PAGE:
Backlit messages

Humboldt squid is like an e-reader

Humboldt squid creates colour patterns with backlight

It is difficult to communicate visually in the dark of the ocean, but Humboldt squid can do it, as Benjamin Burford and Bruce Robison show. It makes pigmentation patterns on its body visible by switching on backlight.

Humboldt squid or jumbo squid, Dosidicus gigas, is a social animal: individuals form groups to hunt prey, for instance lantern fish. Joint hunt requires good coordination, so that the whole group will swim in the same direction and decelerate synchronously to catch prey. And the squid manages to do so, without the animals bumping against each other or attacking each other, Ben Burford and Bruce Robison observed. Apparently, the animals communicate effectively.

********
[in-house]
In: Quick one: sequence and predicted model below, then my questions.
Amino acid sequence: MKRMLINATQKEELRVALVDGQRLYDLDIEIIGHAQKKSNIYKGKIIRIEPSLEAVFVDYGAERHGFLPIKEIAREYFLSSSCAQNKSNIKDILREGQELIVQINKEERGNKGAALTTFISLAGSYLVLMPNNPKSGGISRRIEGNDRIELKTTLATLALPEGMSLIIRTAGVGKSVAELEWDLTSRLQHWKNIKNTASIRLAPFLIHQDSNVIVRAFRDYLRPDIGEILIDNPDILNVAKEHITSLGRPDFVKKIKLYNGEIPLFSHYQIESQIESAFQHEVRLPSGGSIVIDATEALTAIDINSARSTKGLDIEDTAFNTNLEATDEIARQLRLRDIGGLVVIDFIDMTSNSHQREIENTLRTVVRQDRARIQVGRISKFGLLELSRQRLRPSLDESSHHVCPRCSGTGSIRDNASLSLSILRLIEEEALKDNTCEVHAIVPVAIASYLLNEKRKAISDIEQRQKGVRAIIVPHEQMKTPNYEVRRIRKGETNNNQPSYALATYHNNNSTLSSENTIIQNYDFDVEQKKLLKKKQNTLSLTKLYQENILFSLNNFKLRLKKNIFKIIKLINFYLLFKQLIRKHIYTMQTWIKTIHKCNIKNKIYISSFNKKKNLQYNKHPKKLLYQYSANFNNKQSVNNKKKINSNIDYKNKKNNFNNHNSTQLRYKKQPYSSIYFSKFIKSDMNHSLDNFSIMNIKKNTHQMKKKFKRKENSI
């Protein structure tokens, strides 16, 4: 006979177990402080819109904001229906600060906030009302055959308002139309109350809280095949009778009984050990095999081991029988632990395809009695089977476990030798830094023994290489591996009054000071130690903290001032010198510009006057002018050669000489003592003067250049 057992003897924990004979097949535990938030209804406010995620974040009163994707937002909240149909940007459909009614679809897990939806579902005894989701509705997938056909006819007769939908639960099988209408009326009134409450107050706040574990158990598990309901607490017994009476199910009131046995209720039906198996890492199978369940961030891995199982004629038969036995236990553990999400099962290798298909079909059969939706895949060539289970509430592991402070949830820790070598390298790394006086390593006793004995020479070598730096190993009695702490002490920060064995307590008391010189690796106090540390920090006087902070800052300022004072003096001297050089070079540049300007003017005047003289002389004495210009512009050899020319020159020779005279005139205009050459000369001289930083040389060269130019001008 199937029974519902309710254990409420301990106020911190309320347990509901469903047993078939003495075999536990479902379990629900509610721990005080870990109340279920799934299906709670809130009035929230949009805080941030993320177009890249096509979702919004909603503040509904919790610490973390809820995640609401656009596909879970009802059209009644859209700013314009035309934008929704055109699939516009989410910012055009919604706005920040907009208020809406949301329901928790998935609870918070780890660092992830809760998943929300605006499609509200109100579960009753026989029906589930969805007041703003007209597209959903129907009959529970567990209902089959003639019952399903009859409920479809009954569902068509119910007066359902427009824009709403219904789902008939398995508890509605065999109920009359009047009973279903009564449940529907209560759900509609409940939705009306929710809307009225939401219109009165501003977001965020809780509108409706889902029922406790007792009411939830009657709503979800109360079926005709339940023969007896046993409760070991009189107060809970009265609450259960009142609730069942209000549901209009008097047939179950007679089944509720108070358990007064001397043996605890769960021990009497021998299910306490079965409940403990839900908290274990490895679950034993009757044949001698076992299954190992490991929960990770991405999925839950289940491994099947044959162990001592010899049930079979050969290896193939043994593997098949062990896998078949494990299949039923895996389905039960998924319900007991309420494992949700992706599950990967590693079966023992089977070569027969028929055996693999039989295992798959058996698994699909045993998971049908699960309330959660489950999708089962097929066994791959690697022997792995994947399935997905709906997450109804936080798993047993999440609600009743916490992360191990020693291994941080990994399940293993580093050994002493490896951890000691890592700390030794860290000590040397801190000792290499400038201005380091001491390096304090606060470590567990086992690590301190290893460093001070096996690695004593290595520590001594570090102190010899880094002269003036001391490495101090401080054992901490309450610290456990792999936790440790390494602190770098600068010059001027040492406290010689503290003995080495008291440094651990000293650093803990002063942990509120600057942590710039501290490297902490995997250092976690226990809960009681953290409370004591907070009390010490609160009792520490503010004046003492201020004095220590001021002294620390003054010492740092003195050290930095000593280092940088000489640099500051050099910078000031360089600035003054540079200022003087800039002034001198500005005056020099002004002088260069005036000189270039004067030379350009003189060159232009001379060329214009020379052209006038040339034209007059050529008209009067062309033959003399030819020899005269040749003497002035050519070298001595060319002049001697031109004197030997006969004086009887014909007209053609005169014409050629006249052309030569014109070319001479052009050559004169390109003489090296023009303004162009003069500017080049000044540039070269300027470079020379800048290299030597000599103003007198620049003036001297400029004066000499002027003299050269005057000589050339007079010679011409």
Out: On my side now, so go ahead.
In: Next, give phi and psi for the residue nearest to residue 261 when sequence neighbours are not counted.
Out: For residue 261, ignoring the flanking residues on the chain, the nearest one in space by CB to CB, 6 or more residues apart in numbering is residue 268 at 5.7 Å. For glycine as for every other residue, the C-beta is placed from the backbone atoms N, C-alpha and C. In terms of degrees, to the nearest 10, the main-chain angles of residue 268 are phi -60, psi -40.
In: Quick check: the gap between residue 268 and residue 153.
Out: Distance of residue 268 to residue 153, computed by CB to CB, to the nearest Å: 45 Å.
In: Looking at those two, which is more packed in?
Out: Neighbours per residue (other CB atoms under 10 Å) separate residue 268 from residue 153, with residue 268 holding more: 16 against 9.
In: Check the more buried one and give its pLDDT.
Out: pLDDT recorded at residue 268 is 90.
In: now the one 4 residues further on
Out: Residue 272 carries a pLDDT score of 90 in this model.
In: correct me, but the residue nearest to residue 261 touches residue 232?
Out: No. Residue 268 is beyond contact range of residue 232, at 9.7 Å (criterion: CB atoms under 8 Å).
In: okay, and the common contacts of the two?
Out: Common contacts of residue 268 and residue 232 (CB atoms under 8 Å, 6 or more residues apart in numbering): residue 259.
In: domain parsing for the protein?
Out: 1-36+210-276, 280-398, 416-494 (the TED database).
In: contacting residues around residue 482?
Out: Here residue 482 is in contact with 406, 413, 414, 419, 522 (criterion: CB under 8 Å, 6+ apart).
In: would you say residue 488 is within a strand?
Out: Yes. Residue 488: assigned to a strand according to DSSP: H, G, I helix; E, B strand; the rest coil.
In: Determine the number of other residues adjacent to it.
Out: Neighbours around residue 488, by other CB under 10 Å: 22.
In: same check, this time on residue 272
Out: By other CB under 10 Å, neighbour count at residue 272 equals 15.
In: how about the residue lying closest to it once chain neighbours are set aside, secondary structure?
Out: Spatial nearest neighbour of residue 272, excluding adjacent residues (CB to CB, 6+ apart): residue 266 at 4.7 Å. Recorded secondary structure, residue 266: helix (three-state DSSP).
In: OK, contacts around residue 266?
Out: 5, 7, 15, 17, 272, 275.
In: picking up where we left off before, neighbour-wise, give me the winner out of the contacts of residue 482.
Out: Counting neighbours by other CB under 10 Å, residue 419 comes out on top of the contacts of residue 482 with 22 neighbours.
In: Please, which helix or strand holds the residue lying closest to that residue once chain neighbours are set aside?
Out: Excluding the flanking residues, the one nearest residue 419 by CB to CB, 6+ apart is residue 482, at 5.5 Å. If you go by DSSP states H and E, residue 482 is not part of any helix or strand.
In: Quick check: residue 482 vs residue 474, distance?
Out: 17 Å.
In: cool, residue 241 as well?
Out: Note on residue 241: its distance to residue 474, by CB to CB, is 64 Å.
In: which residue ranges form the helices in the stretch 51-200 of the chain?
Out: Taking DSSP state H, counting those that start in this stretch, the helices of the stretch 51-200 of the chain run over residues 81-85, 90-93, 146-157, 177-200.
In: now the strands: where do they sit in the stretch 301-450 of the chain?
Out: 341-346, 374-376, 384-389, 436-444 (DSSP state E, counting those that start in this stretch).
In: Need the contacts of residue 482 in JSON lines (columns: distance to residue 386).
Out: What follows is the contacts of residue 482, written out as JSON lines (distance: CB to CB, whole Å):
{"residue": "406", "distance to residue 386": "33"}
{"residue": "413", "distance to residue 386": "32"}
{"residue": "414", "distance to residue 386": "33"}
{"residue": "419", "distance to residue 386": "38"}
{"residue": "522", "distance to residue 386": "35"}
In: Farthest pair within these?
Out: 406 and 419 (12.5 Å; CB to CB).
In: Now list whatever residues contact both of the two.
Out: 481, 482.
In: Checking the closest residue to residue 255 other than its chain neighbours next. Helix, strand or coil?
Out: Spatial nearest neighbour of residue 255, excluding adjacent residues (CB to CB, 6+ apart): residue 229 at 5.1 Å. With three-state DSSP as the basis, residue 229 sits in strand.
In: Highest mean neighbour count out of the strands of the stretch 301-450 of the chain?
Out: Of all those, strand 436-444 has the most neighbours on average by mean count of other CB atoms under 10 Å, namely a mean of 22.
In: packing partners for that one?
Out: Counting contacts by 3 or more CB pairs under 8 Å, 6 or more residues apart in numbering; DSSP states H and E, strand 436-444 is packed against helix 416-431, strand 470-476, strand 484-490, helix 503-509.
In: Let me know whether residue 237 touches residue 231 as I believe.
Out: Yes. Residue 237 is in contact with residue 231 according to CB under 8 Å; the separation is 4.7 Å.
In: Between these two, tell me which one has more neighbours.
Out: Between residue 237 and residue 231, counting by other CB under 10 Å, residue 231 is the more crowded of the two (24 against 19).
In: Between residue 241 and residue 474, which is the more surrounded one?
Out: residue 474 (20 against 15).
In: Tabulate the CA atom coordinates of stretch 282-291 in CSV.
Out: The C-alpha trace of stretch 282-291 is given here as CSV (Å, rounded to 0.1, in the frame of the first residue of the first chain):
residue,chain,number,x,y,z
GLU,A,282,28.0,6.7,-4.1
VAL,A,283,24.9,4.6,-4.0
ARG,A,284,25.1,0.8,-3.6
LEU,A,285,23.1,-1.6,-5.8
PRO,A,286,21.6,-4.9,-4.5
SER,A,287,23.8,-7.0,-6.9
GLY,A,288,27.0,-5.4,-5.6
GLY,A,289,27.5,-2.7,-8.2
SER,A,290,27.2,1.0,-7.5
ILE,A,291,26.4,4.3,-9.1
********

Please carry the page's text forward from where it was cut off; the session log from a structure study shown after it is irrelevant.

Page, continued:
This is remarkable, as the squid mainly lives in the dark. It spends the day hundreds of meters below surface and ascends to the surface only at night. So how do the animals communicate, the researchers wondered.

Squid species that live in light conditions are known to exchange messages with colour patterns on their body. Their skin contains chromatophores, small elastic bags filled with pigment that can be expanded. It was already known that Humboldt squid has chromatophores in one colour, reddish-brown. This enables it to display white-red patterns. But how can the animals show these patterns to each other in the dark?

By turning on backlight, as it turns out.

Glowing body

Burford and Robison studied the behaviour of the animals by filming during daytime at great depth with a camera mounted on a remotely operated vehicle and analyzing the footage.